All good tools are bad
Why is all the software we have "bad" or "flawed"?
I see that as a question of perception. What makes something "bad" in the first place?
We usually define sonmething as being bad or flawed if it doesn't live up to certain standards or expectations. So maybe it's the expectaions we have towards software that are wrong? Can software even deliver what we expect it to? What do we expect from software?
We see software as a tool. As a tool to achieve certain tasks. Just like other things we have as tools. Just like physical tools.
Let's compare software to a brush. A brush made for caligraphy. Making those brushed is a high form of art and craftsmanship. A caligraphy brush can be a very expensive tool, and a very valued one. But does this uber-brush, the pinacle of it's kind, make us good caligraphers? Does it ensure clean lines without spilt ink? No, it doesn't. So is all this effort, love and money worth it? Ask any caligrapher.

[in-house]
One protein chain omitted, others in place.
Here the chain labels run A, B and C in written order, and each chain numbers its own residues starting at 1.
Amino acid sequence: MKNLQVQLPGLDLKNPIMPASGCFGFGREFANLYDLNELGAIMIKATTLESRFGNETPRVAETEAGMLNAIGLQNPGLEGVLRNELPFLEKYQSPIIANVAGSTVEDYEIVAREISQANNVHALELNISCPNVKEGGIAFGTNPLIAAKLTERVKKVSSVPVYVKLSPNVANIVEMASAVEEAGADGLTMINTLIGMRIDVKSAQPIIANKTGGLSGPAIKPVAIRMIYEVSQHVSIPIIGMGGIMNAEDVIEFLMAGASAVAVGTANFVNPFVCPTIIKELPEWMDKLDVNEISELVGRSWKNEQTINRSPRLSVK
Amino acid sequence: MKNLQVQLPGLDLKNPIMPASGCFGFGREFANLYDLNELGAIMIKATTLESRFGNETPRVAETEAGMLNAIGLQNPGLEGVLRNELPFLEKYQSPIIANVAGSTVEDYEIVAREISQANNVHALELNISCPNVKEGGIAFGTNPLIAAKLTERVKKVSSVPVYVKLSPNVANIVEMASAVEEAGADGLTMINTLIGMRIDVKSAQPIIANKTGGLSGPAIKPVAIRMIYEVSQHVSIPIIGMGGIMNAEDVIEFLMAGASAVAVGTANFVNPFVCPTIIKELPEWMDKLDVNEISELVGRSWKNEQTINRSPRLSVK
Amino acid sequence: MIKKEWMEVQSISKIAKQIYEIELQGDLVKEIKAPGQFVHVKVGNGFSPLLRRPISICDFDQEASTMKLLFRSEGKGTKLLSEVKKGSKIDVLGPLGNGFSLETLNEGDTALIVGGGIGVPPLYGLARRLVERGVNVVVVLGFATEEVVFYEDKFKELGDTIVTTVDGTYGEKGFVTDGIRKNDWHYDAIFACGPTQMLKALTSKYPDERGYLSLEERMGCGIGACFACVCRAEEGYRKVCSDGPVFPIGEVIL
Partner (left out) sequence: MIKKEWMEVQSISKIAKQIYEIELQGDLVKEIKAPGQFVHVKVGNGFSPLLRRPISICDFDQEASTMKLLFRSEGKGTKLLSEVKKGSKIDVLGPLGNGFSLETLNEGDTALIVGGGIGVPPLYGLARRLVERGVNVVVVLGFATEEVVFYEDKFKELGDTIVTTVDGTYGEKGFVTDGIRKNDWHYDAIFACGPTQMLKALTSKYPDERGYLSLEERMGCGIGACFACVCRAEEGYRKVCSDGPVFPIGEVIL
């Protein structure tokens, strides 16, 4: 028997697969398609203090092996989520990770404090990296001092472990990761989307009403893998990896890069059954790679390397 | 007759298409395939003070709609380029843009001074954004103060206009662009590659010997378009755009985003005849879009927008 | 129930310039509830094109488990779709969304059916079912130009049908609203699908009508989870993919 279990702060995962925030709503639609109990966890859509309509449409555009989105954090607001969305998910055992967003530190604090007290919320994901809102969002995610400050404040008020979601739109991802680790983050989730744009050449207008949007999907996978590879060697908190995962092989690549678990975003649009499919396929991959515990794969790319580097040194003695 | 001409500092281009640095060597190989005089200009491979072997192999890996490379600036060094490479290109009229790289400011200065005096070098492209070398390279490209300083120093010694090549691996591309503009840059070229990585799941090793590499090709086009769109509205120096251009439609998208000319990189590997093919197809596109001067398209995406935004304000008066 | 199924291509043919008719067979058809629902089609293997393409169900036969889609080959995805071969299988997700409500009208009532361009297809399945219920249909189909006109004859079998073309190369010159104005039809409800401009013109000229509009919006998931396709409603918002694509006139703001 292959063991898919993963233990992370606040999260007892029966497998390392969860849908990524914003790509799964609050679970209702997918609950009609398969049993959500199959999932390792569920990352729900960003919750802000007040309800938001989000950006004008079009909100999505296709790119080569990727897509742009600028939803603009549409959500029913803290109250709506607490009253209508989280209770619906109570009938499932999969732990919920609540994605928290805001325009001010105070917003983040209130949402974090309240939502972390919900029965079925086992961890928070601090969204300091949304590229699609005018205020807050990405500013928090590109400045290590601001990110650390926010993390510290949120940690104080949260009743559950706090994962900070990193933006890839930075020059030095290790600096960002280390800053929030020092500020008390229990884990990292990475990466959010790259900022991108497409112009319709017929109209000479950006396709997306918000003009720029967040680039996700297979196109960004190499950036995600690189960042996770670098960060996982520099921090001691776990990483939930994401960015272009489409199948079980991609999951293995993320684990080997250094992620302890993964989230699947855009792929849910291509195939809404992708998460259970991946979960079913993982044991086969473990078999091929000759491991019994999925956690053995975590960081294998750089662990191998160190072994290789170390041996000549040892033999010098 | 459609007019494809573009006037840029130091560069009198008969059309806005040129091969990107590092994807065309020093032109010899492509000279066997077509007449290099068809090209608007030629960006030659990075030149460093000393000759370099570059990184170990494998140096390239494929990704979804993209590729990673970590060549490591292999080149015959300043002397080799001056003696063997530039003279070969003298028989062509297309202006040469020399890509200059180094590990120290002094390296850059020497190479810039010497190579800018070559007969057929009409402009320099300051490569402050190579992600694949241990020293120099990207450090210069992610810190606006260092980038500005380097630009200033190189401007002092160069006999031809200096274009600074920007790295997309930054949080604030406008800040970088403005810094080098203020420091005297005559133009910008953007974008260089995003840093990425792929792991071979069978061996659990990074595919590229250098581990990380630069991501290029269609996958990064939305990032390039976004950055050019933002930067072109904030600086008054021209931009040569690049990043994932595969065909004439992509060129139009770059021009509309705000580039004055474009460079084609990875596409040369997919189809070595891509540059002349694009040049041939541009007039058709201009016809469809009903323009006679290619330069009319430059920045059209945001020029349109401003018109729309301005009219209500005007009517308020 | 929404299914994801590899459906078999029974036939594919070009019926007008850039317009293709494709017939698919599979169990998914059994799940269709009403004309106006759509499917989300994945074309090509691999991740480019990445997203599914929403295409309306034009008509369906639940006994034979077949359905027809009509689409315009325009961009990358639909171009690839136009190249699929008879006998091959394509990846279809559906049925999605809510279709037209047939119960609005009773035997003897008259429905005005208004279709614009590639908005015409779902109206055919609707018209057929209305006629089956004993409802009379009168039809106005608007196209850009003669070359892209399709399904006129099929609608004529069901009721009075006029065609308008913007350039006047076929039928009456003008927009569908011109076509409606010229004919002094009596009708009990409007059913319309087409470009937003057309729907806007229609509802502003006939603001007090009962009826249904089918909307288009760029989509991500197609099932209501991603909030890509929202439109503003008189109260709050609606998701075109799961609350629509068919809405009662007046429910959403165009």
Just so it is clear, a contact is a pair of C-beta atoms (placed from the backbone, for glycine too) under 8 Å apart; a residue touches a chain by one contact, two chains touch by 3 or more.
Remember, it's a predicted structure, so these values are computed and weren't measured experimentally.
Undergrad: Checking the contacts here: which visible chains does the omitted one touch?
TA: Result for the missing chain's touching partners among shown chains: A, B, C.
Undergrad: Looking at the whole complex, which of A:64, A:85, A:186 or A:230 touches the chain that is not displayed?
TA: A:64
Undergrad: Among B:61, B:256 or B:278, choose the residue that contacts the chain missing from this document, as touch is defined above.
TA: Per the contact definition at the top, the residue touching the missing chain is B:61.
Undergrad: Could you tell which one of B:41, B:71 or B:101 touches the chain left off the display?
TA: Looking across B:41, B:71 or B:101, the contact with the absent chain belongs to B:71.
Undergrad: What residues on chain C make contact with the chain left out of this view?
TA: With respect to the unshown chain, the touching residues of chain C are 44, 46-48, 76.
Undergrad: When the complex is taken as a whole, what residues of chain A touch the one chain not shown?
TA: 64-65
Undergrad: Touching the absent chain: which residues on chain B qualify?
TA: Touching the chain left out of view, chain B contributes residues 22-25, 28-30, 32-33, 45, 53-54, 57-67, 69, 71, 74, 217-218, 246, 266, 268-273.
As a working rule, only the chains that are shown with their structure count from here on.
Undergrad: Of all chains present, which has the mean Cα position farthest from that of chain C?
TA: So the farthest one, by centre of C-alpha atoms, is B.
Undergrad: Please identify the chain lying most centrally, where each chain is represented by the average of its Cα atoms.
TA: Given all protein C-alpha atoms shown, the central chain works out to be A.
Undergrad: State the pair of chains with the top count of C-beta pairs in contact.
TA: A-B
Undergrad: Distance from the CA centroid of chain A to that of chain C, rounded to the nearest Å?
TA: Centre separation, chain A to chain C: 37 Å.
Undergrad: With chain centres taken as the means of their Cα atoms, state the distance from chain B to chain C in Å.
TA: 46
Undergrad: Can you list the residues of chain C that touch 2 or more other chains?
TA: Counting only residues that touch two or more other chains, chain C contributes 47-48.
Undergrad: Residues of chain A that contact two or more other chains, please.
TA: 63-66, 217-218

Tools, especially good tools don't replace craftmanship. They do not grant perfect results. Good tools enable us to pratice our skills to the fullest. They will never give us those skills. And some of the very best tools will be outright unuseable to unskilled novices. Does that make them "bad" or "flawed"?
We should see software as a tool, and not as a magic bullet.
- when do you want something the most?
- good tools need skill
- Procrastination and TaskLists
- stupid magically
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